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Pioneering Civil Rights Lawyer Johnnie Jones Sr. Dead At 102

He was also a decorated World War II veteran.

Johnnie Jones Sr., a pioneering civil rights lawyer and decorated World War II veteran, has reportedly died. He was 102.

On Monday (April 25), the Louisiana Department of Veteran Affairs (LDVA) posted on their website the announcement that Jones Sr. had passed away.

"We are saddened by the news of the passing," the department stated. "It was our distinct honor to care for Mr. Jones at our Louisiana Veterans Home where he lived since this past December."

They continued: "We will always be grateful to have played a part in awarding him the Purple Heart he deserved for his injury in combat.”

Jones was awarded the Purple Heart by state officials at the Old State Capitol in Baton Rouge, Louisiana, according to CNN.

"I want to express our deepest respect for your distinguished service, and long overdue recognition of your wounds received during the invasion of Omaha Beach on D-Day," wrote Army Chief of Staff Gen. James McConville in a letter to Jones for the award at the time. "We owe you a debt of gratitude, both for your sacrifices during World War II and for being a role model for African Americans aspiring to serve.”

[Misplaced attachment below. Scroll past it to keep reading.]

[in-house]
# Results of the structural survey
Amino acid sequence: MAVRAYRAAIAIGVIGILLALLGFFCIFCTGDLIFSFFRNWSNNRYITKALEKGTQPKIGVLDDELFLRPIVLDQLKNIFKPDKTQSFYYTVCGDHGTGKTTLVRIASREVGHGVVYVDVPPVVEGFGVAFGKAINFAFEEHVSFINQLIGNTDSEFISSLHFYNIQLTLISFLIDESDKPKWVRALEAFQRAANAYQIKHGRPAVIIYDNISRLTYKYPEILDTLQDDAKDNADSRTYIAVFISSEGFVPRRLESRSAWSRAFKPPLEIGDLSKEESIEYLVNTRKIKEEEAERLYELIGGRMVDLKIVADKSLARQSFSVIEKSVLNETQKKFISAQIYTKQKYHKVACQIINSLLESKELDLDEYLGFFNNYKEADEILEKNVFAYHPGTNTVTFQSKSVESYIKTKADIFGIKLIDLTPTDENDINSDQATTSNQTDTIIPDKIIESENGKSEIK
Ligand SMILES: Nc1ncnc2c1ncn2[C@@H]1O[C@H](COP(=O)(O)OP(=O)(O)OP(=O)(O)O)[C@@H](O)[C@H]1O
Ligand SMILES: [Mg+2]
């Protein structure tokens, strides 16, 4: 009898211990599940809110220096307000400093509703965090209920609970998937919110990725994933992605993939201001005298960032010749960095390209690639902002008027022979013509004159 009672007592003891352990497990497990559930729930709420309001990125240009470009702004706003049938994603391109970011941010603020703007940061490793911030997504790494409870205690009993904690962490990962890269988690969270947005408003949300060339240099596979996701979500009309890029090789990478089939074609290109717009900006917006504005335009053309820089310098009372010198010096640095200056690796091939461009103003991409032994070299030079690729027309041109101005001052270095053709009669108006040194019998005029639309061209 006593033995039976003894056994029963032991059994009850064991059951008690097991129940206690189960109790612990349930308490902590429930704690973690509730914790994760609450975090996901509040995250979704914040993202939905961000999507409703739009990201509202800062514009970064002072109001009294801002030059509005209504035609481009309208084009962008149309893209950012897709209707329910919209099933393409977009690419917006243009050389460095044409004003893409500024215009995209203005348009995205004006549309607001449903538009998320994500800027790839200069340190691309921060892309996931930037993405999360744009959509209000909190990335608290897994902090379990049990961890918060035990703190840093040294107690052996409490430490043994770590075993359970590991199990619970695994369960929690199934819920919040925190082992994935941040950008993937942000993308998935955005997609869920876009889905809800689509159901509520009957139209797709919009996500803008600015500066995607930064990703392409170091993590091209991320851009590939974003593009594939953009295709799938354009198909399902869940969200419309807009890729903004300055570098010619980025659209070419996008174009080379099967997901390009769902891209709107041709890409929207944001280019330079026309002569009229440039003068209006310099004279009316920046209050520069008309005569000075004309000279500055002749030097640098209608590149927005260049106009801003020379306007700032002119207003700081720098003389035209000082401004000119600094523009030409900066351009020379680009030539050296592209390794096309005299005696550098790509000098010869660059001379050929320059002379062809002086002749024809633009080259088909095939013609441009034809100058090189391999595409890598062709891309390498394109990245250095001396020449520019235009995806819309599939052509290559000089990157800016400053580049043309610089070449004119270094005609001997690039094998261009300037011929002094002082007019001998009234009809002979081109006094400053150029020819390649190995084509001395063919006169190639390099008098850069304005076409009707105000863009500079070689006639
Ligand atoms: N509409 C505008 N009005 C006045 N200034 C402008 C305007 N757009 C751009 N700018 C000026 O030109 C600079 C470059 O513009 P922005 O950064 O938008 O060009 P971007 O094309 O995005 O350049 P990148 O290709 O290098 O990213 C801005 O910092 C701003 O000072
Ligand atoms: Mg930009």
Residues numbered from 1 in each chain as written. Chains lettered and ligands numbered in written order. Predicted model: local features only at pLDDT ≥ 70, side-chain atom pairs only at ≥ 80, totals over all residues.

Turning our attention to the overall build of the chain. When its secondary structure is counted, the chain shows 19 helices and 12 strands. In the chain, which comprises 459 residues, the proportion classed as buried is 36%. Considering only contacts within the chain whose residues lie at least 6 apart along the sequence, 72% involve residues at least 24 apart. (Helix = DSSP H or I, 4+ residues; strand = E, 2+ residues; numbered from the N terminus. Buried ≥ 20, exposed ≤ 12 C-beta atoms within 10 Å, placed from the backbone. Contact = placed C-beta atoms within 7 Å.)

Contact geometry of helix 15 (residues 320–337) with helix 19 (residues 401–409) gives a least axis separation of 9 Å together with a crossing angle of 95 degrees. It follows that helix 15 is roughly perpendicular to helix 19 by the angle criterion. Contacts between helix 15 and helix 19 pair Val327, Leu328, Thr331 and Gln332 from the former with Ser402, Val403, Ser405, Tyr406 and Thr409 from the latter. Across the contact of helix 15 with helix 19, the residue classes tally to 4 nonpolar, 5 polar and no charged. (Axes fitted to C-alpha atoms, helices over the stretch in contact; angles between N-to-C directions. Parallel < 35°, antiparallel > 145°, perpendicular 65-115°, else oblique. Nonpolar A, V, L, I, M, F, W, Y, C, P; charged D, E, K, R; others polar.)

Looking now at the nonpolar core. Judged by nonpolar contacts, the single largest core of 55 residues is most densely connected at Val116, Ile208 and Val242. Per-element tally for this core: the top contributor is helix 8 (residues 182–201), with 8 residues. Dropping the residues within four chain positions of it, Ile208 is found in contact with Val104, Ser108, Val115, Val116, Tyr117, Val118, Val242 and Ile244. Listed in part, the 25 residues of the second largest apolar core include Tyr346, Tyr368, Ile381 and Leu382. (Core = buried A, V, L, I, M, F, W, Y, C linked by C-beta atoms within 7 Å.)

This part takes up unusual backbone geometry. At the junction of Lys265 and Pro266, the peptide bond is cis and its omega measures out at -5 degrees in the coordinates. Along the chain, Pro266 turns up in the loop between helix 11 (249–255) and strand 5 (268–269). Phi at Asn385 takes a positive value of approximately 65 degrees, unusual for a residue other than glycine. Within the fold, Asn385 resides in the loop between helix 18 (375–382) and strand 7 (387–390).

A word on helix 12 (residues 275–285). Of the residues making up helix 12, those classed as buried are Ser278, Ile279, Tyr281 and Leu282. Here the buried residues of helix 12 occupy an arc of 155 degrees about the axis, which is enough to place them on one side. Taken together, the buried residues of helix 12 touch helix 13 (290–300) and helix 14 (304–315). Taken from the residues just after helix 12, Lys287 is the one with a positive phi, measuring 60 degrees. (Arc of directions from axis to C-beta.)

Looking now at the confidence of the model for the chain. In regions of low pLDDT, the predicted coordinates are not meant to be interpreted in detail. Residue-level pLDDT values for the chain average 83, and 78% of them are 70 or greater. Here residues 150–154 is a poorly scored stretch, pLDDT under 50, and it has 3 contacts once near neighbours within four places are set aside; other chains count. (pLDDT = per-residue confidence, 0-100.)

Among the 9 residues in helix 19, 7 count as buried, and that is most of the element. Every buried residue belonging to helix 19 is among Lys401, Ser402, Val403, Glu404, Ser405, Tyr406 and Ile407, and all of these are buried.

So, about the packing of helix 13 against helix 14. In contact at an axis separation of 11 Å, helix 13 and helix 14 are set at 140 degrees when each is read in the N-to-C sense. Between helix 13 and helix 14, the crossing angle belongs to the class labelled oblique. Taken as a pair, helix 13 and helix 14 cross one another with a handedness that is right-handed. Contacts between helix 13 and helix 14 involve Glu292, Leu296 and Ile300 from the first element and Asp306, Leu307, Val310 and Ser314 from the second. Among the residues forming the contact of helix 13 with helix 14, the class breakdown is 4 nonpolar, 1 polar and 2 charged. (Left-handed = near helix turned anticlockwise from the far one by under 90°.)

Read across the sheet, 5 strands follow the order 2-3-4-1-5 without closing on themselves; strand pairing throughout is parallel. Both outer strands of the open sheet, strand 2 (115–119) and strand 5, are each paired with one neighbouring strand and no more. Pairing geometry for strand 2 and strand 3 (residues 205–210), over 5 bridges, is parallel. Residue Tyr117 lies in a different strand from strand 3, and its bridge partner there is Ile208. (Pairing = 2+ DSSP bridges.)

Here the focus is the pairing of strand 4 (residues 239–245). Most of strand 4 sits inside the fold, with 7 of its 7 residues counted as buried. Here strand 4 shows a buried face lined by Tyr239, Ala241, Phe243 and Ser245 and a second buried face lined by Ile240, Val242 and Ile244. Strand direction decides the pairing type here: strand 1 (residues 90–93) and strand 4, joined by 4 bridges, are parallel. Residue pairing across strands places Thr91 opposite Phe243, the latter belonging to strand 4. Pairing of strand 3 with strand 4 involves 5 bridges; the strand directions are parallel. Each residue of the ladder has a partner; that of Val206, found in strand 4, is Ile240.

RELATED: Oldest U.S. Veteran Lawrence Brooks Dies At 112

A graduate of Southern University, Jones was drafted into the Army in 1942. A year later, he rose to the rank of warrant officer junior grade.

Upon his return to the United States after the war, Jones faced racism. While driving in 1946 to New Orleans to get shrapnel removed from his neck, he was pulled over by a white police officer, according to the VA’s post.

"He knocked me down and started kicking me," Jones said to the VA in an interview, according to CNN. "Things weren't right. 'Separate but equal' was unconstitutional and I wanted to fight it and make it better," he said.

In 1953, Jones got his law degree and was recruited by the Rev. T.J. Jemison “to help organize the United Defense League's eight-day bus boycott in Baton Rouge and defend the protesters.”

According to the VA, Jones’ two sons, a daughter and granddaughter were inspired by his legal prowess and became attorneys themselves.

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